Chapter # 6 Paragraph # 1 Study # 5
May 29, 2016
3 Know ye not, that so many of us as were baptized into Jesus Christ were baptized into his death?
4 Therefore we are buried with him by baptism into death: that like as Christ was raised up from the dead by the glory of the Father, even so we also should walk in newness of life.
5 For if we have been planted together in the likeness of his death, we shall be also [in the likeness] of [his] resurrection:
6 Knowing this, that our old man is crucified with [him], that the body of sin might be destroyed, that henceforth we should not serve sin.
7 For he that is dead is freed from sin.
8 Now if we be dead with Christ, we believe that we shall also live with him:
9 Knowing that Christ being raised from the dead dieth no more; death hath no more dominion over him.
10 For in that he died, he died unto sin once: but in that he liveth, he liveth unto God.
11 Likewise reckon ye also yourselves to be dead indeed unto sin, but alive unto God through Jesus Christ our Lord.
1901 ASV Translation:
3 Or are ye ignorant that all we who were baptized into Christ Jesus were baptized into his death?
4 We were buried therefore with him through baptism into death: that like as Christ was raised from the dead through the glory of the Father, so we also might walk in newness of life.
5 For if we have become united with [him] in the likeness of his death, we shall be also [in the likeness] of his resurrection;
6 knowing this, that our old man was crucified with [him], that the body of sin might be done away, that so we should no longer be in bondage to sin;
7 for he that hath died is justified from sin.
8 But if we died with Christ, we believe that we shall also live with him;
9 knowing that Christ being raised from the dead dieth no more; death no more hath dominion over him.
10 For the death that he died, he died unto sin once: but the life that he liveth, he liveth unto God.
11 Even so reckon ye also yourselves to be dead unto sin, but alive unto God in Christ Jesus.
- I. Ignorance Regarding the Impact of Our Baptism.
- A. The issues of "ignorance" in Romans are not insignificant (see previous study <008>).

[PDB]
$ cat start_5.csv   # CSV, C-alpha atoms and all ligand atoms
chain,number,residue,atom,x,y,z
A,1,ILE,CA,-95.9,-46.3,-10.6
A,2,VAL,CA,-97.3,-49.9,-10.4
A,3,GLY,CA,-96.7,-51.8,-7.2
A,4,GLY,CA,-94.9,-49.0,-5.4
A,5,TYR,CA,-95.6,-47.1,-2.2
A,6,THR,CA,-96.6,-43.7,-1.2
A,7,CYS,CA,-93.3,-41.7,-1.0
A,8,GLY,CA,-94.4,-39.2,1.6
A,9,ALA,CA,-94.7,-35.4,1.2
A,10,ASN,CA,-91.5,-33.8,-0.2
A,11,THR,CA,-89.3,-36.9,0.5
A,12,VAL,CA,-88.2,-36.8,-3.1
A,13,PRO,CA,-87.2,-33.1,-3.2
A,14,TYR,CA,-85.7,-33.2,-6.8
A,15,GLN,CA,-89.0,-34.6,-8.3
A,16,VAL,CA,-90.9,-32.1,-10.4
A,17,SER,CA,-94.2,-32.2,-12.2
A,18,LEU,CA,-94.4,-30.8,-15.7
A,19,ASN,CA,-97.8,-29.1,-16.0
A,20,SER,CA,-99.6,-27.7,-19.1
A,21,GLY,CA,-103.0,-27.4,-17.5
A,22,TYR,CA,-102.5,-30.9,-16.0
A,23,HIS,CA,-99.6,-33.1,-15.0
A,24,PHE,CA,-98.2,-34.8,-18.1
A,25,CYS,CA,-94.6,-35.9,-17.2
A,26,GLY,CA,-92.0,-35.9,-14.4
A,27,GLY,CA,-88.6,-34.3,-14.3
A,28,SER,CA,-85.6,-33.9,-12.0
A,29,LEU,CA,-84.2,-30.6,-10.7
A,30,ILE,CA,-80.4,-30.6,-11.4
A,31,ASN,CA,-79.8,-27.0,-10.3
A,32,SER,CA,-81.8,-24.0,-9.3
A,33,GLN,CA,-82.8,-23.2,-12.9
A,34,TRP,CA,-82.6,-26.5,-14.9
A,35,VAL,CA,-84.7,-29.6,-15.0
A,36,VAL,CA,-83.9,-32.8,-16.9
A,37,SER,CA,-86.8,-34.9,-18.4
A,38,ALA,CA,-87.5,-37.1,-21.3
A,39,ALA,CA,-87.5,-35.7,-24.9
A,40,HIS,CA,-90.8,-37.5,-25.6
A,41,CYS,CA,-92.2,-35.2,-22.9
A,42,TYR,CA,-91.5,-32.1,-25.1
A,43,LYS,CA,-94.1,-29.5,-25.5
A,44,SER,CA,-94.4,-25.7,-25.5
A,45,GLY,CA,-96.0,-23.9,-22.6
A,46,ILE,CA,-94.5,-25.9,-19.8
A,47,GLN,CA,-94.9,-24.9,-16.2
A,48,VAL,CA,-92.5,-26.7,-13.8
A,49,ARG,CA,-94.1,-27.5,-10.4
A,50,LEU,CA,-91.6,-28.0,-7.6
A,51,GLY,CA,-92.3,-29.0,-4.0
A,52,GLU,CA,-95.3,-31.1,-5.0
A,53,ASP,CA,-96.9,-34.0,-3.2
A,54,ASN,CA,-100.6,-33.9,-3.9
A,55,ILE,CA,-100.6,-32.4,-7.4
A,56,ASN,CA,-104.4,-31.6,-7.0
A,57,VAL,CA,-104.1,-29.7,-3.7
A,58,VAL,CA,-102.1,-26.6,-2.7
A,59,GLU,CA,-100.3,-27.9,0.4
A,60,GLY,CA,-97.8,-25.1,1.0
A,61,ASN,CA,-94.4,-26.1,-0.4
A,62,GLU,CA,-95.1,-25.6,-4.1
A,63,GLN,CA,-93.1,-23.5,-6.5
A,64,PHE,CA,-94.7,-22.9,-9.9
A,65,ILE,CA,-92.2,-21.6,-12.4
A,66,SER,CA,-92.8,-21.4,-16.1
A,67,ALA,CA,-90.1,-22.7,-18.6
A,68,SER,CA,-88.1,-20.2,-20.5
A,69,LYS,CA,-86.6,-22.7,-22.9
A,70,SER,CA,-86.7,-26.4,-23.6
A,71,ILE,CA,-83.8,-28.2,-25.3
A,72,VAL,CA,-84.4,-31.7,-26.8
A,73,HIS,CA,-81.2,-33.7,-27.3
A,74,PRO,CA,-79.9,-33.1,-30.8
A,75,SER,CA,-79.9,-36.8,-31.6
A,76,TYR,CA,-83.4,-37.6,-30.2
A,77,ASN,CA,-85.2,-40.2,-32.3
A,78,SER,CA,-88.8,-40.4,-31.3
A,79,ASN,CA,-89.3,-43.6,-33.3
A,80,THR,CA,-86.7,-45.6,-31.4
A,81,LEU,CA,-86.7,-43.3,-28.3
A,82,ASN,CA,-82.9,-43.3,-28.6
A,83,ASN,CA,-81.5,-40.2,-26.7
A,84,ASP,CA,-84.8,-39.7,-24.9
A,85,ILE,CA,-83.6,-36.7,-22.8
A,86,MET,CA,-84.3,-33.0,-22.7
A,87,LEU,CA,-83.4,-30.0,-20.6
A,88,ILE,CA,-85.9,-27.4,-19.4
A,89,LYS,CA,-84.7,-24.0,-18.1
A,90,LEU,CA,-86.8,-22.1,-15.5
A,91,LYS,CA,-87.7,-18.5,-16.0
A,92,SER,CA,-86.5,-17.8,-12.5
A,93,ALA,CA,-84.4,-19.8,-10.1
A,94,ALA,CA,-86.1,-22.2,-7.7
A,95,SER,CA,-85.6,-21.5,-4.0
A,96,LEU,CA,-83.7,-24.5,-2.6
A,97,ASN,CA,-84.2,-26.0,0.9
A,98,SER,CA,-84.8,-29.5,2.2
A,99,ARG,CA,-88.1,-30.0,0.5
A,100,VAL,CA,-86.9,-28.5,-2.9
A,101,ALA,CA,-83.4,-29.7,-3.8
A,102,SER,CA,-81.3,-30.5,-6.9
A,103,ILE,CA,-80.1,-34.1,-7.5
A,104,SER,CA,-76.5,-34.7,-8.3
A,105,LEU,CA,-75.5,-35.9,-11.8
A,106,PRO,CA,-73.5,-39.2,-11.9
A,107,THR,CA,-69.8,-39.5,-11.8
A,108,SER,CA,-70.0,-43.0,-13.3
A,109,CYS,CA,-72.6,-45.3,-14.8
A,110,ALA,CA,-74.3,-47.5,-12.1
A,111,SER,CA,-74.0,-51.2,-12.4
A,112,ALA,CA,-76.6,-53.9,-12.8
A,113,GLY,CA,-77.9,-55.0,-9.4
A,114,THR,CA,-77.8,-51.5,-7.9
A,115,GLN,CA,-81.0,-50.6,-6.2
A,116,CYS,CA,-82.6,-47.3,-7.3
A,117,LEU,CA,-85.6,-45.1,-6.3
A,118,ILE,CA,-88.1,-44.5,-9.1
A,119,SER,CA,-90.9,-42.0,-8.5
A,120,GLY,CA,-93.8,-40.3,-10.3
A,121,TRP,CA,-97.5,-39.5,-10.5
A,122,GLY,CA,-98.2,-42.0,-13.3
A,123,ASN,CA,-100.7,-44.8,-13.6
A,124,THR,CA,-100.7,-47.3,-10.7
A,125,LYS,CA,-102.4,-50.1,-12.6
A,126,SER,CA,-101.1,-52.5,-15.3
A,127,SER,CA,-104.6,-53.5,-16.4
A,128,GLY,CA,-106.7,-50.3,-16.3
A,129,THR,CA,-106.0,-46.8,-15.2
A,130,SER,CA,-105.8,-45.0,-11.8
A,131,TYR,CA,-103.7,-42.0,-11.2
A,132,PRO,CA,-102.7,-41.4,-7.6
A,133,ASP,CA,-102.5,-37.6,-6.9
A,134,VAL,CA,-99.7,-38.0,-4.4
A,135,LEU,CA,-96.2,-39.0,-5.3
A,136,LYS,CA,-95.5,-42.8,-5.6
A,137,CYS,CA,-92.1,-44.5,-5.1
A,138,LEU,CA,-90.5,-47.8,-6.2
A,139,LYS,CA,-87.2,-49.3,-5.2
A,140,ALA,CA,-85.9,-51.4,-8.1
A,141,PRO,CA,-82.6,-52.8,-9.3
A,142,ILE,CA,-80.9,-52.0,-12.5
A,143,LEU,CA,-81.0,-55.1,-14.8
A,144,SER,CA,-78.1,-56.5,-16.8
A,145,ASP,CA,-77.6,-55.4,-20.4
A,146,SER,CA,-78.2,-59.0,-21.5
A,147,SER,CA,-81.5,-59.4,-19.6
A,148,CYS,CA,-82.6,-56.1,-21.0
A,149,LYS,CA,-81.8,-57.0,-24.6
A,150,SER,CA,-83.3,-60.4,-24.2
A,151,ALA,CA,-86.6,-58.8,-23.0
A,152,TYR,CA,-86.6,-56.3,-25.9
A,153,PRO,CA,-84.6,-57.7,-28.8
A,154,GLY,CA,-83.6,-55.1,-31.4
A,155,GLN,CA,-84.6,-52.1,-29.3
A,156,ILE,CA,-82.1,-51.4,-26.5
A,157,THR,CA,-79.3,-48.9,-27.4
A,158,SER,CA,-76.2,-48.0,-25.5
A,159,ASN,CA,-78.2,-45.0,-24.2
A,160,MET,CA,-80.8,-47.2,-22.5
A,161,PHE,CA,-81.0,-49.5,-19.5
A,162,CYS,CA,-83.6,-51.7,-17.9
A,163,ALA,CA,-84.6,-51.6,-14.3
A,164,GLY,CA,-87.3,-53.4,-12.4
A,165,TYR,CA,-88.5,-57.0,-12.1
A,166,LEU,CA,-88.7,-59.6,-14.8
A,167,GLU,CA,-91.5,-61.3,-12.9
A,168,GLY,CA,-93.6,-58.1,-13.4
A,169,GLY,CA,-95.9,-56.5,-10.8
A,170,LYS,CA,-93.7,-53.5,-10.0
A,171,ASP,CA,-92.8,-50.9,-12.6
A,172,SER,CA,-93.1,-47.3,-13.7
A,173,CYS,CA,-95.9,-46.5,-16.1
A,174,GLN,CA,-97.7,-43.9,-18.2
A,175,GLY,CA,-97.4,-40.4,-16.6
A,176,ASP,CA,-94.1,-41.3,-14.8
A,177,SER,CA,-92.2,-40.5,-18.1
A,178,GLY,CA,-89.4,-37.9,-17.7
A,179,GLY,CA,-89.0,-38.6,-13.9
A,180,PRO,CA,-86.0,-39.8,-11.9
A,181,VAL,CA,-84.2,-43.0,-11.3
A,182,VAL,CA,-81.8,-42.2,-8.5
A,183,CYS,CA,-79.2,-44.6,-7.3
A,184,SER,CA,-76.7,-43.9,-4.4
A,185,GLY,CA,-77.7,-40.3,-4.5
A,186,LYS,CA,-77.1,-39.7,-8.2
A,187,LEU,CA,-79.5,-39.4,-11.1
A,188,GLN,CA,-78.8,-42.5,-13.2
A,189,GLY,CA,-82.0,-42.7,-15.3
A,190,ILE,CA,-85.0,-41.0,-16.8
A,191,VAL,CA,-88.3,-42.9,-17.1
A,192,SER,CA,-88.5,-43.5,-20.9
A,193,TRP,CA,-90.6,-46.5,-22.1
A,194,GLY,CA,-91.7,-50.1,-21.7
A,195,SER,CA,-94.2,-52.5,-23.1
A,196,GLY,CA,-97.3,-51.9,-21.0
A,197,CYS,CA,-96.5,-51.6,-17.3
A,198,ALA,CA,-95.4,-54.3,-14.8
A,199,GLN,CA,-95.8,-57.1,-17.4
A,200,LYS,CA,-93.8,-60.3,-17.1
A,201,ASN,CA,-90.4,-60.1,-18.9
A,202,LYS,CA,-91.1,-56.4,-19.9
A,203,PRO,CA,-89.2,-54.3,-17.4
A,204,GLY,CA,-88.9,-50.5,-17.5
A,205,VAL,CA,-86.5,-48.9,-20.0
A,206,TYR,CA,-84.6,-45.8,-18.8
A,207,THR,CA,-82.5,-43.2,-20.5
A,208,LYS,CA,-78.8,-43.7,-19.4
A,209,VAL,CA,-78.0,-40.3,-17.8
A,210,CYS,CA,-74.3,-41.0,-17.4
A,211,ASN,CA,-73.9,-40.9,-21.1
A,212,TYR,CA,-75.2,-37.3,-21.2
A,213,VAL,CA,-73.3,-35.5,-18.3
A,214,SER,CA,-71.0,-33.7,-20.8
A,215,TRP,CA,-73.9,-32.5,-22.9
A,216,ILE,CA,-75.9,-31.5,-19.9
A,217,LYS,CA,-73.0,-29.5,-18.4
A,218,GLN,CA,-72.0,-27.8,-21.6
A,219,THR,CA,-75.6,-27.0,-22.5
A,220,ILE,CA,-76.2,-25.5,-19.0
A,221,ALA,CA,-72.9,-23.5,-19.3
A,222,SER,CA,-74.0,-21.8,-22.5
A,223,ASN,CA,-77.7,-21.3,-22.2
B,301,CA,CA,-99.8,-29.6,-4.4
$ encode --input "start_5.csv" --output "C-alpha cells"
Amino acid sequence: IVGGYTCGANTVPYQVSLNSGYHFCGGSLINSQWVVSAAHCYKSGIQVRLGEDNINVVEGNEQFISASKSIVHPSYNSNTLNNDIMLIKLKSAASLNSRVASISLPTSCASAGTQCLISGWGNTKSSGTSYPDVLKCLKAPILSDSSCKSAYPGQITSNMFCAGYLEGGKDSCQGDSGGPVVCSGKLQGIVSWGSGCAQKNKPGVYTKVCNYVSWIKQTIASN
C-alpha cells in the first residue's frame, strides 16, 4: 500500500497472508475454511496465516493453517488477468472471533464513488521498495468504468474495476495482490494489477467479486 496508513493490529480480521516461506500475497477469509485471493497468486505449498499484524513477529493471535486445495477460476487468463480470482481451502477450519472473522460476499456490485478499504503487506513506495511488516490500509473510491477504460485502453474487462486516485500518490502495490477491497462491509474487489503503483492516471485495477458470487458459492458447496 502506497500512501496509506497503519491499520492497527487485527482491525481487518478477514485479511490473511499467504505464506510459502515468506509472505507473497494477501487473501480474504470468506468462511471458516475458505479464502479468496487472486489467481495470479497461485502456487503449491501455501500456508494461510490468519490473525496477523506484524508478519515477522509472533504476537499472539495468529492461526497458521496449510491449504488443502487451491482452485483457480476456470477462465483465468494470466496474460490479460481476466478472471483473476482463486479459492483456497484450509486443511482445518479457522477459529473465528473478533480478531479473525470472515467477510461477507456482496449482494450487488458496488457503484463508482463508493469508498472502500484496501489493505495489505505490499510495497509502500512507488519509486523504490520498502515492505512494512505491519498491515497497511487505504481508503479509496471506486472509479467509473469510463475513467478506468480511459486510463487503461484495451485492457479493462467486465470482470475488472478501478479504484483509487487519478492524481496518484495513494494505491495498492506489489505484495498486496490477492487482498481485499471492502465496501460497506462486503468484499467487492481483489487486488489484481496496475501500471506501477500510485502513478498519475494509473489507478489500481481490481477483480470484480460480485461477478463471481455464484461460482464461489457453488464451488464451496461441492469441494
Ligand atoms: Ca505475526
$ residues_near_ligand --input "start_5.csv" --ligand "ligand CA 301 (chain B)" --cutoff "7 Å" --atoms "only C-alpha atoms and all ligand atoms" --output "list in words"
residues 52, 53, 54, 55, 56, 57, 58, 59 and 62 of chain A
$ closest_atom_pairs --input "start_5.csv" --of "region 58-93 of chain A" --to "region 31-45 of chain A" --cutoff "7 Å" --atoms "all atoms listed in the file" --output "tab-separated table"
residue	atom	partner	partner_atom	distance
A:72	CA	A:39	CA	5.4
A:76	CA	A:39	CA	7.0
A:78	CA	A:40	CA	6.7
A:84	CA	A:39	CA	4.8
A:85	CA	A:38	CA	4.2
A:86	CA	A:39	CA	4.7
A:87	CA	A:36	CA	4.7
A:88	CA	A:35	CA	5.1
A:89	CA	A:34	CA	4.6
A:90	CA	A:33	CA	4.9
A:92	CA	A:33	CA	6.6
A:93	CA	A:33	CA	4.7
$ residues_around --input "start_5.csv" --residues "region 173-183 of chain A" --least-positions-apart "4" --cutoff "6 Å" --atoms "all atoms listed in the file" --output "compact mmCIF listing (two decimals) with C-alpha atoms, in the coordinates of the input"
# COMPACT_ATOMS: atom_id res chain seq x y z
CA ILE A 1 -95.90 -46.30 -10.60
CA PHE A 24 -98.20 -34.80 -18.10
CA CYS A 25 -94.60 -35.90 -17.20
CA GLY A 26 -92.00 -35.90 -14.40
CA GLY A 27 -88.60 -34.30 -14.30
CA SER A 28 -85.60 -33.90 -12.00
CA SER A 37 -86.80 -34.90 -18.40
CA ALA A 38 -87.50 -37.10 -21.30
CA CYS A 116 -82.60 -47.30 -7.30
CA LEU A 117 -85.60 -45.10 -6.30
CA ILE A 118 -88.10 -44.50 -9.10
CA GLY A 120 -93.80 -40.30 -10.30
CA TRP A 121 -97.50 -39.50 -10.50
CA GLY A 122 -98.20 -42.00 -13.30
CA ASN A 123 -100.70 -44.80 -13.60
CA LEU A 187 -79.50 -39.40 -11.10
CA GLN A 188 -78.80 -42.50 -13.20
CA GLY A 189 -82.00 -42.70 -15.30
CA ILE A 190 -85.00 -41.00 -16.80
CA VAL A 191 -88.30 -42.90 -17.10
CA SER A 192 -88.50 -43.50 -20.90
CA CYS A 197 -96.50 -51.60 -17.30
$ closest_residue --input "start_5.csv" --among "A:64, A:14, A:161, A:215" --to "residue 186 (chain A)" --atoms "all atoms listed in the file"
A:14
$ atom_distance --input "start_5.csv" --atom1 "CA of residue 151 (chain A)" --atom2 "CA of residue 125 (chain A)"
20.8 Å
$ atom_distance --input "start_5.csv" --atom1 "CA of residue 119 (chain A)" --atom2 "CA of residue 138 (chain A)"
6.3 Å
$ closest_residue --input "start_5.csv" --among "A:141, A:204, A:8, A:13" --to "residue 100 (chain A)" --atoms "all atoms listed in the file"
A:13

- B. At issue: a most fundamental aspect of our baptism.
- 1. Interestingly, "baptism" is only mentioned in Romans in this context (6:3-4). And just as interesting, this "baptism" has almost nothing to do with the physical level foundations for the "relational" reality.
- a. Baptism in water is the physical level foundation of our grasp of the "relational" baptism of which Paul wrote (thus the inclusion of the "almost" in the sentence above).
- 1) It is beyond likely that the believers in Rome had been baptized with water.
- 2) It is inconceivable that those believers were not instructed regarding the Christian use of water baptism prior to their submission to it.
- 3) The problematical issue is clear: no one seems to know exactly what those believers had been told about the significance of being baptized with water.
- b. But that Paul can not possibly have meant that our "baptism in water" has resulted in the results to which he points is so obvious that it is a shock to see how many claim that he had our baptism in water in mind.
- 1) In the first place, he tells us pointedly that our "baptism" was a "baptism into Christ Jesus" and, consequently, a "baptism" into His death. Even those who argue that he had "water" baptism in mind are not so foolish as to argue that "water" is the same thing as "Christ Jesus" and, when pushed, have to fall back to the heresy that "water baptism" is the instrumentality of the actual "baptism into Christ". In other words, the heretics claim that when a person is "baptized in water" a "baptism into Christ" occurs simultaneously, thus admitting that baptism in water is not the same thing as baptism into Christ.
- 2) The sophistry of trying to make baptism into water the instrumentality of baptism into Christ is driven by the legalism of reducing the realities of relational truth to the realities of physical truth, ignoring both the heart and intent of divine relational truth.